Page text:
Sun, Dec 16, 2018 - Page 8 News List

The ‘big cannon’ educator

Fu Ssu-nien took over National Taiwan University during a chaotic time for both the school and country, and was greatly respected by students, who marched to the Taiwan Provincial Assembly after his questionable death

By Han Cheung  /  Staff reporter

A portrait of influential National Taiwan University president Fu Ssu-nien.

Photo courtesy of Wikimedia Commons

Dec. 17 to Dec. 23

Fu Ssu-nien (傅斯年) had just returned to his seat after answering questions from Kuo Kuo-chi (郭國基) at the now defunct Taiwan Provincial Assembly. Kuo had grilled the National Taiwan University (NTU) president on a number of questions, including scholarship funds, to which Fu loudly responded, “I will do all I can to support those students who are poor but talented and intelligent!”

According to the state-run Central Daily News (中央日報), assembly secretary-general Lien Chen-tung (連震東) walked over to shake Fu’s hand, and noticed it was cold. Lien asked if he was okay, and Fu suddenly exclaimed, “I’m done! I’m done!” and collapsed. He died later that night, on Dec. 20, 1950.

Fu was already in poor health, and most sources attribute his death to overwork. But at a press conference the next morning, interim assembly chairman Lee Wan-chu (李萬居) meant to say that Fu qishi (棄世, left this world), but his heavy Taiwanese-accented Mandarin made it sound like qisi (氣死, died from anger). Since Kuo and Fu were both known as “big cannons” (大砲) for their outspoken nature, this led to the rumor that “Big Cannon Kuo caused Big Cannon Fu to die of anger.”

Then-minister of education Chen Hsueh-ping (陳雪屏) was quick to clarify that there were absolutely no tempers lost during the session.

Nevertheless, a furious group of about 400 teary-eyed NTU students marched to the assembly headquarters after paying their respects to Fu’s body. Lien came out to meet them, and asked them what they wanted. “Give us Kuo Kuo-chi!” they demanded. It was only after Lien and Chen clarified the situation and told them Kuo had already left the building, that they walked back to the campus.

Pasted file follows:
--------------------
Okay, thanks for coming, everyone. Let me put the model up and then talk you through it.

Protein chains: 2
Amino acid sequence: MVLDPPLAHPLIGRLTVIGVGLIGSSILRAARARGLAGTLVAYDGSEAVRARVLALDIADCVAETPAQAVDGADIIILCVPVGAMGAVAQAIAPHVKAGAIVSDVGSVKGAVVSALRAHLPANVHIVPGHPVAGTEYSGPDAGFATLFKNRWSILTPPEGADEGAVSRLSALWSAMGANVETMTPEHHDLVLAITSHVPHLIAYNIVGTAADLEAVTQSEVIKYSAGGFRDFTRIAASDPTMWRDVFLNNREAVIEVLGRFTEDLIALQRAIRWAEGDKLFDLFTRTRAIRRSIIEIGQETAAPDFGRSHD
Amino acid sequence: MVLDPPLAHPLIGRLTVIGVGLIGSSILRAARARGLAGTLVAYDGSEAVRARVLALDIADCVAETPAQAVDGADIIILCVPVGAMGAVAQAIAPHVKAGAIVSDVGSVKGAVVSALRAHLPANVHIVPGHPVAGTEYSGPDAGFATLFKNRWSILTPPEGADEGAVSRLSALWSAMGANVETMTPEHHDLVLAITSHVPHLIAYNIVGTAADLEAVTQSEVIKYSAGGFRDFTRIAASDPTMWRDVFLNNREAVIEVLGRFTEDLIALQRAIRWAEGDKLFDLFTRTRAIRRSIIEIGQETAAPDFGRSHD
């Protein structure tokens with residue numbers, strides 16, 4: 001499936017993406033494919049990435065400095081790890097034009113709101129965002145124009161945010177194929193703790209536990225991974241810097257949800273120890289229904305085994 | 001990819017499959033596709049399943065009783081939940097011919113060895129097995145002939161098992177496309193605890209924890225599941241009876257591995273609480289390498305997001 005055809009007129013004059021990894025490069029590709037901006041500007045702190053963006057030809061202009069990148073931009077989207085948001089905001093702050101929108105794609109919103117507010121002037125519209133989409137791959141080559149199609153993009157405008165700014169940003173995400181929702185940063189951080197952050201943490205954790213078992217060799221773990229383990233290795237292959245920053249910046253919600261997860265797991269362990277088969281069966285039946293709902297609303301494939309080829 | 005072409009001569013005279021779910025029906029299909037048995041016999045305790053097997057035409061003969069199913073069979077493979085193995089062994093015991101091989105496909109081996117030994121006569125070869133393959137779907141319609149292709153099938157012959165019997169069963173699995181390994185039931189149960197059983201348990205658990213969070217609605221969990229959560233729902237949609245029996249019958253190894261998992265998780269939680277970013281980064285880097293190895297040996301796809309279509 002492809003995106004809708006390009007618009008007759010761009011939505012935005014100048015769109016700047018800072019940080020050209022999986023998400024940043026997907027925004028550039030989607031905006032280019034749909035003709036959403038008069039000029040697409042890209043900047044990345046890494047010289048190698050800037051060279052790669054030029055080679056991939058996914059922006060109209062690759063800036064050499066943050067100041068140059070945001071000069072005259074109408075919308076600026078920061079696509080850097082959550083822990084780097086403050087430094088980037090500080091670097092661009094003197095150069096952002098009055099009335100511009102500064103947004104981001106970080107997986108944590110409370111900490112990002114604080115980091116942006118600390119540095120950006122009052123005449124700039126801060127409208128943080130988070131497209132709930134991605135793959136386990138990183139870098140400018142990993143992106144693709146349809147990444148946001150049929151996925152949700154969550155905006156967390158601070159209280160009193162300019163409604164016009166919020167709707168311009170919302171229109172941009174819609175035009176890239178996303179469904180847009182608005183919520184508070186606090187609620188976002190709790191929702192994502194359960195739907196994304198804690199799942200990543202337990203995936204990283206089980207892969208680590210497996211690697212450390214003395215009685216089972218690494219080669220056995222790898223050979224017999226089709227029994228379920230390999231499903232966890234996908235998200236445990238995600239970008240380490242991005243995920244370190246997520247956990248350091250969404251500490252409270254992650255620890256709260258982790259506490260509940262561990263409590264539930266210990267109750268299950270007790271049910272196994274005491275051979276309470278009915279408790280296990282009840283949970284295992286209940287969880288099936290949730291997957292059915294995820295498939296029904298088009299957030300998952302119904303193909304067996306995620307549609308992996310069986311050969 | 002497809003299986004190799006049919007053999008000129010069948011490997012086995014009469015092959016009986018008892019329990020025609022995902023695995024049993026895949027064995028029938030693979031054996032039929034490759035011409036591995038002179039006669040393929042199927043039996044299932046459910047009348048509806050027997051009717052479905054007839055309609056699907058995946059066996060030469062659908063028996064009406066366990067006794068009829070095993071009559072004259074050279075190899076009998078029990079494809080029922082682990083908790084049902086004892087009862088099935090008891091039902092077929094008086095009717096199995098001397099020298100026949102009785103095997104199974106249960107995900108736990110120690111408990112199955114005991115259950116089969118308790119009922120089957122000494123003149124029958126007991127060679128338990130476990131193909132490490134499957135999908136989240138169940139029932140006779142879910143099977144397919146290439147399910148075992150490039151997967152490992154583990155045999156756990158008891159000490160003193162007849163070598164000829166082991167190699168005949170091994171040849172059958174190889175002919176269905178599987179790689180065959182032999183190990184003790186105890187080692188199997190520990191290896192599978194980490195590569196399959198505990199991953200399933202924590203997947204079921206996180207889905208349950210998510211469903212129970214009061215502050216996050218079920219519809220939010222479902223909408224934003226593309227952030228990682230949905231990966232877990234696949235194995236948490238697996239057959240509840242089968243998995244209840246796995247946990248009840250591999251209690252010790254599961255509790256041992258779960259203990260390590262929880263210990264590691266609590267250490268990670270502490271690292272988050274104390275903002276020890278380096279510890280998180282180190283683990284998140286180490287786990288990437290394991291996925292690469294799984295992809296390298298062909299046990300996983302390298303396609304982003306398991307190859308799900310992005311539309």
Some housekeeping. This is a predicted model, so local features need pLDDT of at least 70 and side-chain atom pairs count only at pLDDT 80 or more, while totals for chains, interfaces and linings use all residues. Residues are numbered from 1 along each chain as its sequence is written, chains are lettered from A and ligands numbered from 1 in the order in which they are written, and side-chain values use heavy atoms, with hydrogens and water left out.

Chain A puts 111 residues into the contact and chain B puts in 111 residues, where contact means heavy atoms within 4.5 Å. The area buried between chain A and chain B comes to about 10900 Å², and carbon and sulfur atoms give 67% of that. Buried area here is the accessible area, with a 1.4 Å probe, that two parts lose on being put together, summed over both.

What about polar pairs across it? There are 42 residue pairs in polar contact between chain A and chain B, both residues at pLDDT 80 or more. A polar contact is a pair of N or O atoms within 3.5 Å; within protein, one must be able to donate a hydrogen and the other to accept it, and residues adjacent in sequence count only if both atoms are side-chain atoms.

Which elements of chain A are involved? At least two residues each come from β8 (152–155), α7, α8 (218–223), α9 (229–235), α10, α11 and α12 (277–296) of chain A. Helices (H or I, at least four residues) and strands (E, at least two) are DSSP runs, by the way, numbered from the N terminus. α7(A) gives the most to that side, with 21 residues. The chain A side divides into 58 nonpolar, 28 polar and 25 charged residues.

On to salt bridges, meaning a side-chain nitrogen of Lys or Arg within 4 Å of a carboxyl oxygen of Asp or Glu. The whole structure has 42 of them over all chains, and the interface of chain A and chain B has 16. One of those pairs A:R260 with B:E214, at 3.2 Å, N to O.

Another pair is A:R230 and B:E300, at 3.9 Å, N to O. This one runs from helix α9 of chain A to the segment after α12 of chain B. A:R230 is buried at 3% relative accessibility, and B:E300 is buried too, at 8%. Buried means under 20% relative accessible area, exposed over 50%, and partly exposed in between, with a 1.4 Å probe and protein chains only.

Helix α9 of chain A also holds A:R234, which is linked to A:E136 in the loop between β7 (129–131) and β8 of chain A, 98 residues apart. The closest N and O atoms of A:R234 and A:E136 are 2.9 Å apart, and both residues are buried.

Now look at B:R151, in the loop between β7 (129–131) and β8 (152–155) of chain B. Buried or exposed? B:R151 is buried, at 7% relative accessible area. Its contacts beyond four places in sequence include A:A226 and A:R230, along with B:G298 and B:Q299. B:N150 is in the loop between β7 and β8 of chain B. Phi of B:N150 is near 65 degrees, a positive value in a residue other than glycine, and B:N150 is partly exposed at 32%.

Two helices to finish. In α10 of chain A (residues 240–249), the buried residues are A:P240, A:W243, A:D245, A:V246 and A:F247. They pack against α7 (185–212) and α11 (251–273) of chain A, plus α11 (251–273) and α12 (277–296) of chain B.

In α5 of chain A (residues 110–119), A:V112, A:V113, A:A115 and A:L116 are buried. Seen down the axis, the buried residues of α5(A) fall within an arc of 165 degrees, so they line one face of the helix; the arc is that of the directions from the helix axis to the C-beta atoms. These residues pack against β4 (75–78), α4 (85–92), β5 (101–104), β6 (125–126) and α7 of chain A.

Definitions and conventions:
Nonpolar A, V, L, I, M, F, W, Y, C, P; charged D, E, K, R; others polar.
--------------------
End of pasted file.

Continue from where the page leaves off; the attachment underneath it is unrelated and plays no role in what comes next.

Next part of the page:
This incident shows the respect the students had for Fu, despite only holding his post for less than two years, amounting to his entire time in Taiwan. The landmark Fu Bell (傅鐘) on campus still rings 21 times at the beginning of each class period, as Fu once said, “There are only 21 hours available per day because the remaining three hours are reserved for self-reflection.”

RELUCTANT APPOINTMENT

A student-activist leader in his early days, Fu began his academic career in 1926 with the National Sun Yat-sen University in Guangzhou. He founded Academia Sinica’s Institute of History and Philology in 1928, serving as director as it moved through Beijing, Shanghai, Nanjing, Changsha, Kunming, Sichuan, back to Nanjing and to Taiwan in 1948.

After Japanese defeat, the Chinese Nationalist Party (KMT) took over Taihoku Imperial University, renaming it National Taiwan University in December 1945. Except for Taiwan-born Tu Tsung-ming (杜聰明), who served as interim president for a month in 1948, all early presidents were academics sent by the KMT from China, and Fu was no exception.

By the time Fu arrived in Taiwan, the university had gone through seven presidents in just over three years. His predecessor (not including two interims) Chuang Chang-kung (莊長恭) served for just six months before resigning.

“Because of my lack of ability and support, I barely accomplished anything during my half-year at NTU. I am utterly exhausted and have grown ill as a result, and I don’t have the will to carry on. I’ll be returning to Shanghai to recuperate,” Chuang wrote to Fu.

Chuang never returned to Taiwan, continuing his career under the Chinese Communist Party.

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